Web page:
Prison Terms Glossary

 Administrative detention

Individuals are sent to the SHU (special housing unit, or “hole”) for either administrative or punitive reasons. The former is typically when they are believed to have information about an active investigation into misconduct and/or criminal behavior, when they are about to be transferred to another prison, or when they “check in” (seek protective custody). 


Sentence, doing time. As in “I was just doing my bid.”


Lowest level of security for a prison.


An affinity group in prison to which incarcerated individuals belong, usually defined by race, religion, geography, etc. Cars can behave a lot like gangs.

Check in

When a prisoner voluntarily enters the SHU to remove himself or herself from a dangerous situation, such as when they owe debts they can’t repay, or want to force a transfer to another prison.


Prison store


Correctional officer (the prison version of the police)

Cop out

 A request to staff (for example, for a sick call in the Medical Department), submitted via an online form.

Count / standing count

A time when prisoners are expected to be at their assigned bunk or cell and so they can be counted by the unit officer. If it’s a stand-up count, they are expected to remain quiet and standing until the prison guards walk by their cell.


Disciplinary hearing officer. When prisoners are given a shot/disciplinary report, they must appear in a hearing before a DHO (rather like going to trial, without a jury).

Federal Correctional Complex (FCC)

The name for an entire federal prison complex, which often includes both high- and medium-security prisons.

Federal Correctional Institution (FCI)

Medium-security prison

Grievance / administrative remedy / BP-8, 9, 10, 11 forms

These are the basic steps in the internal prison grievance process. When an incarcerated individual wants to file a complaint, he or she must file within 20 days of the incident. The BP-8, also called an “informal complaint,” comes first and is filed with the staff involved.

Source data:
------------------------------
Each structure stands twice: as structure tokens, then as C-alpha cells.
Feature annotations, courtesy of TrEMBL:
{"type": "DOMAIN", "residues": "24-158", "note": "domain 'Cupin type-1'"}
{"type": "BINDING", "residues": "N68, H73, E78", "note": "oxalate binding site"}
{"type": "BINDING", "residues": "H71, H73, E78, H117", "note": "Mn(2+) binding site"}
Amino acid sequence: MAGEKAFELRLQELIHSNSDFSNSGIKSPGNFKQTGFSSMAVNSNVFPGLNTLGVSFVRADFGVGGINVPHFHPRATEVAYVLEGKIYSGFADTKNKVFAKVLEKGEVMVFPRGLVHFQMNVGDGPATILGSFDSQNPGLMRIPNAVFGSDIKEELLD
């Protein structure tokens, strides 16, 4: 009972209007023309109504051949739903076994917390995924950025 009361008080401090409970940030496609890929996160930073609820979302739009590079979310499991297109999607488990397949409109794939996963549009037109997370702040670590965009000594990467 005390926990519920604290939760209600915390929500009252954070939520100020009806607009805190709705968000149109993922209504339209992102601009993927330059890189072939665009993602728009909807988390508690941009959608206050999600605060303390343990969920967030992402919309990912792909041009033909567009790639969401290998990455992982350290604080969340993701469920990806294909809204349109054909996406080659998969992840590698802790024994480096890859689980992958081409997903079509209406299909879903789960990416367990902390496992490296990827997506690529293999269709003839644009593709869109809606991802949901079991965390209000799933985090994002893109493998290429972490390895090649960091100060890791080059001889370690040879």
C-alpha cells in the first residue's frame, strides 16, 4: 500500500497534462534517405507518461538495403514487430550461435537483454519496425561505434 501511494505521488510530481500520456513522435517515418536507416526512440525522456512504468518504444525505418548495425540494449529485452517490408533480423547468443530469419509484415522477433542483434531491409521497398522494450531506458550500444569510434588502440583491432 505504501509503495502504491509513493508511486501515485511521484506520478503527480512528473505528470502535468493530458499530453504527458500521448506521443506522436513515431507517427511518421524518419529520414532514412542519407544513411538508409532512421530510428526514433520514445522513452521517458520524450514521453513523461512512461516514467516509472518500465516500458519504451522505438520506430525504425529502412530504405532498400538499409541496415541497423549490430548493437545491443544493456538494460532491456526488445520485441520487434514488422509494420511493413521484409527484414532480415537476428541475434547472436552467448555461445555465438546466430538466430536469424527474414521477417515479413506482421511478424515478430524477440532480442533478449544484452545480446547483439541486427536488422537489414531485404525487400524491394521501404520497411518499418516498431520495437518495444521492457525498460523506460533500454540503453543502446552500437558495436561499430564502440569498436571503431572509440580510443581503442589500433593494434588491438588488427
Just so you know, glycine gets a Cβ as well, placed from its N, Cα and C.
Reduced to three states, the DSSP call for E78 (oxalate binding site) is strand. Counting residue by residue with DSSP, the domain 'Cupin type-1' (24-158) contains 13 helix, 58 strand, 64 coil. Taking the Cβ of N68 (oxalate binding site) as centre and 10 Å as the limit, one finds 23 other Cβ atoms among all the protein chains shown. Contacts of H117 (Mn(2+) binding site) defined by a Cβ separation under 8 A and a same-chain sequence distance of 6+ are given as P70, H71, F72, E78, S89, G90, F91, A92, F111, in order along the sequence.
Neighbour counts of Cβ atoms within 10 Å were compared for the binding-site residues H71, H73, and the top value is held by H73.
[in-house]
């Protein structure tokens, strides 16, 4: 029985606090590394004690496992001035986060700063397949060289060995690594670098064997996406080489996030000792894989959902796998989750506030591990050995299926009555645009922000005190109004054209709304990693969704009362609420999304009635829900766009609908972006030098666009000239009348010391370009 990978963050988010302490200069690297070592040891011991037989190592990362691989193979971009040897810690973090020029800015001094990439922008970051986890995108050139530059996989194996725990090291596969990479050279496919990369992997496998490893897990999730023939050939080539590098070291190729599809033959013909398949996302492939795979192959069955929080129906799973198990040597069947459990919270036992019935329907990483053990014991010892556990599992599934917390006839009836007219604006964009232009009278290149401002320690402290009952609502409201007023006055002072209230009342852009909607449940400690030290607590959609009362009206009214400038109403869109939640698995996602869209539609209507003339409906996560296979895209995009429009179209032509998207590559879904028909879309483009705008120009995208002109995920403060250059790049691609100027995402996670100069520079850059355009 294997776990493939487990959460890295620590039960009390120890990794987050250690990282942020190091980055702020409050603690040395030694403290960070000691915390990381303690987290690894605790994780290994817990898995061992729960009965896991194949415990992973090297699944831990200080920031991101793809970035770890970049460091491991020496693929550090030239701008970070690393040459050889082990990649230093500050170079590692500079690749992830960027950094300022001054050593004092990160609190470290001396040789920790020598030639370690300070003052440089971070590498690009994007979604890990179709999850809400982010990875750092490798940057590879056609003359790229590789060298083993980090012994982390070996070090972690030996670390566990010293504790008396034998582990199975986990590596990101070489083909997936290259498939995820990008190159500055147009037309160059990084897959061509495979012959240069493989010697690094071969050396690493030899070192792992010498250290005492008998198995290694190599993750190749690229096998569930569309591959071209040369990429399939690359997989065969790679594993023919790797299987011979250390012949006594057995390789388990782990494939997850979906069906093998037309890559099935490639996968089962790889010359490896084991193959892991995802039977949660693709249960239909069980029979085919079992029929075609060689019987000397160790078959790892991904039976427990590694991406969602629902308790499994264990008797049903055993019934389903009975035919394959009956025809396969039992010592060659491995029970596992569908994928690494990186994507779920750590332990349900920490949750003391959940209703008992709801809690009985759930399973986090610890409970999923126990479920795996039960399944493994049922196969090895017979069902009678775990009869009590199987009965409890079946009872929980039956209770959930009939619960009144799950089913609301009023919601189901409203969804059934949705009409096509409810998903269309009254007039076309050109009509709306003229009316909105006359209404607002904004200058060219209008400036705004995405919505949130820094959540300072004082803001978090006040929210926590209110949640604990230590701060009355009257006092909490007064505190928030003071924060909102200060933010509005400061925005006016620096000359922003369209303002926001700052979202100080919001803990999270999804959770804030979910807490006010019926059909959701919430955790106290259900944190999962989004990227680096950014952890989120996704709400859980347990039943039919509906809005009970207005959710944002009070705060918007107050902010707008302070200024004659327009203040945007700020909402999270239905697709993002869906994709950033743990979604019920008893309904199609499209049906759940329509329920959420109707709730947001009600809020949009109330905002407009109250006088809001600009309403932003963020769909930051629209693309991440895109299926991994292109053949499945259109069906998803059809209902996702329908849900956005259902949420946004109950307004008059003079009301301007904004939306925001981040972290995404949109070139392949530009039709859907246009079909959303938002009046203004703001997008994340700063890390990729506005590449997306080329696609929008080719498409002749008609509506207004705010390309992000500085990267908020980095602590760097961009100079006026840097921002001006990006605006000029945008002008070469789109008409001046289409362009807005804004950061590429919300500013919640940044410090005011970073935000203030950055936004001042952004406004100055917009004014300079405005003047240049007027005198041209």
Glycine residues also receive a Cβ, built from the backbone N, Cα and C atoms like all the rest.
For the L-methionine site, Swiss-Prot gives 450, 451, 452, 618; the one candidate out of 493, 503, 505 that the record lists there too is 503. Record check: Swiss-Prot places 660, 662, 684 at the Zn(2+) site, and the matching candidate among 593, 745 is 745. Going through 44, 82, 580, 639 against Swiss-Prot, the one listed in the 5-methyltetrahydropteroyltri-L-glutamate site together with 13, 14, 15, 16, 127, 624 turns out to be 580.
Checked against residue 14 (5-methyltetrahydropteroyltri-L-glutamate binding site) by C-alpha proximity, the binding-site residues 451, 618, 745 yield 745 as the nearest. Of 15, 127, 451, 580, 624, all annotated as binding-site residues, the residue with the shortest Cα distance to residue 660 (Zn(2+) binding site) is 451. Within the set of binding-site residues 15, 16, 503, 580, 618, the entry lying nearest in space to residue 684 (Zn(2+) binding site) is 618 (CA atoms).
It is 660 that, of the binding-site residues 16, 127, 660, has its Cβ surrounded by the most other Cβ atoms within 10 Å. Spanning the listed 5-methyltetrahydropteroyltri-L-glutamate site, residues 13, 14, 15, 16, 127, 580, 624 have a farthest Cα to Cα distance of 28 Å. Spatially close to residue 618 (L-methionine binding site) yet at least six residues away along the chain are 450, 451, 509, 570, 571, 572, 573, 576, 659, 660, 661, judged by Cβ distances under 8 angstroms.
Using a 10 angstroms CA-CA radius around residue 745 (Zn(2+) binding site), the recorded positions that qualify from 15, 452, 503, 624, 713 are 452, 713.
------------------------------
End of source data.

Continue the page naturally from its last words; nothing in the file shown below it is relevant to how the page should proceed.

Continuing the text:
If the complaint cannot be or is not resolved informally, the next step is to file a BP-9 with the warden (which must be within 30 days of receiving the BP-8 response). If the response is not satisfactory, a BP-10 can be submitted to the regional director within 20 days. Once the BP-10 response comes back, the final step is a BP-11, submitted within 30 days with the central FBOP office in Washington, D.C. Then the individual can finally go to the courts.

General population

Everyone in a prison who is not confined to a restricted section, such as the “hole.”

Management variable

Imposed by wardens when they decide a prisoner’s score, which determines the security level of the assigned prison, does not accurately reflect where he or she should be. In other words, it’s a convenient way for a warden to keep an individual in a more restrictive environment.


Receiving and discharge is the area of the prison where new residents are checked in and individuals who are transferring are processed for departure. 

Rec time

The time when prisoners are allowed out of their cells. That does not always mean they can go outside.


When prison staff rip apart people’s cells, supposedly looking for contraband.


Slang for getting written up/given an incident report.


The Special Investigations Service is the equivalent of the FBI, and conducts inquiries into criminal accusations within federal prisons.

Special Housing Unit (SHU)

Also called the “hole,” this is a unit to which prisoners are sent for punishment or while an investigation is conducted. Solitary confinement used to be standard, but now cellmates are routine. Most freedoms and privileges are taken away, for weeks or months at a time.

Special Management Unit (SMU)

A prison operated specifically for individuals considered “high risk,” although the criteria used to send people there are fairly vague.


A “do-it-yourself” device made by prisoners to heat water, etc. in their cells. A stinger can be made in various ways, but it usually involves using materials such as wire or metal from a light fixture. The heating element is then attached to a power source, such as a power cord that has been modified or repurposed. (Note that making a stinger is against prison rules.)


U.S. penitentiary, a high-security federal prison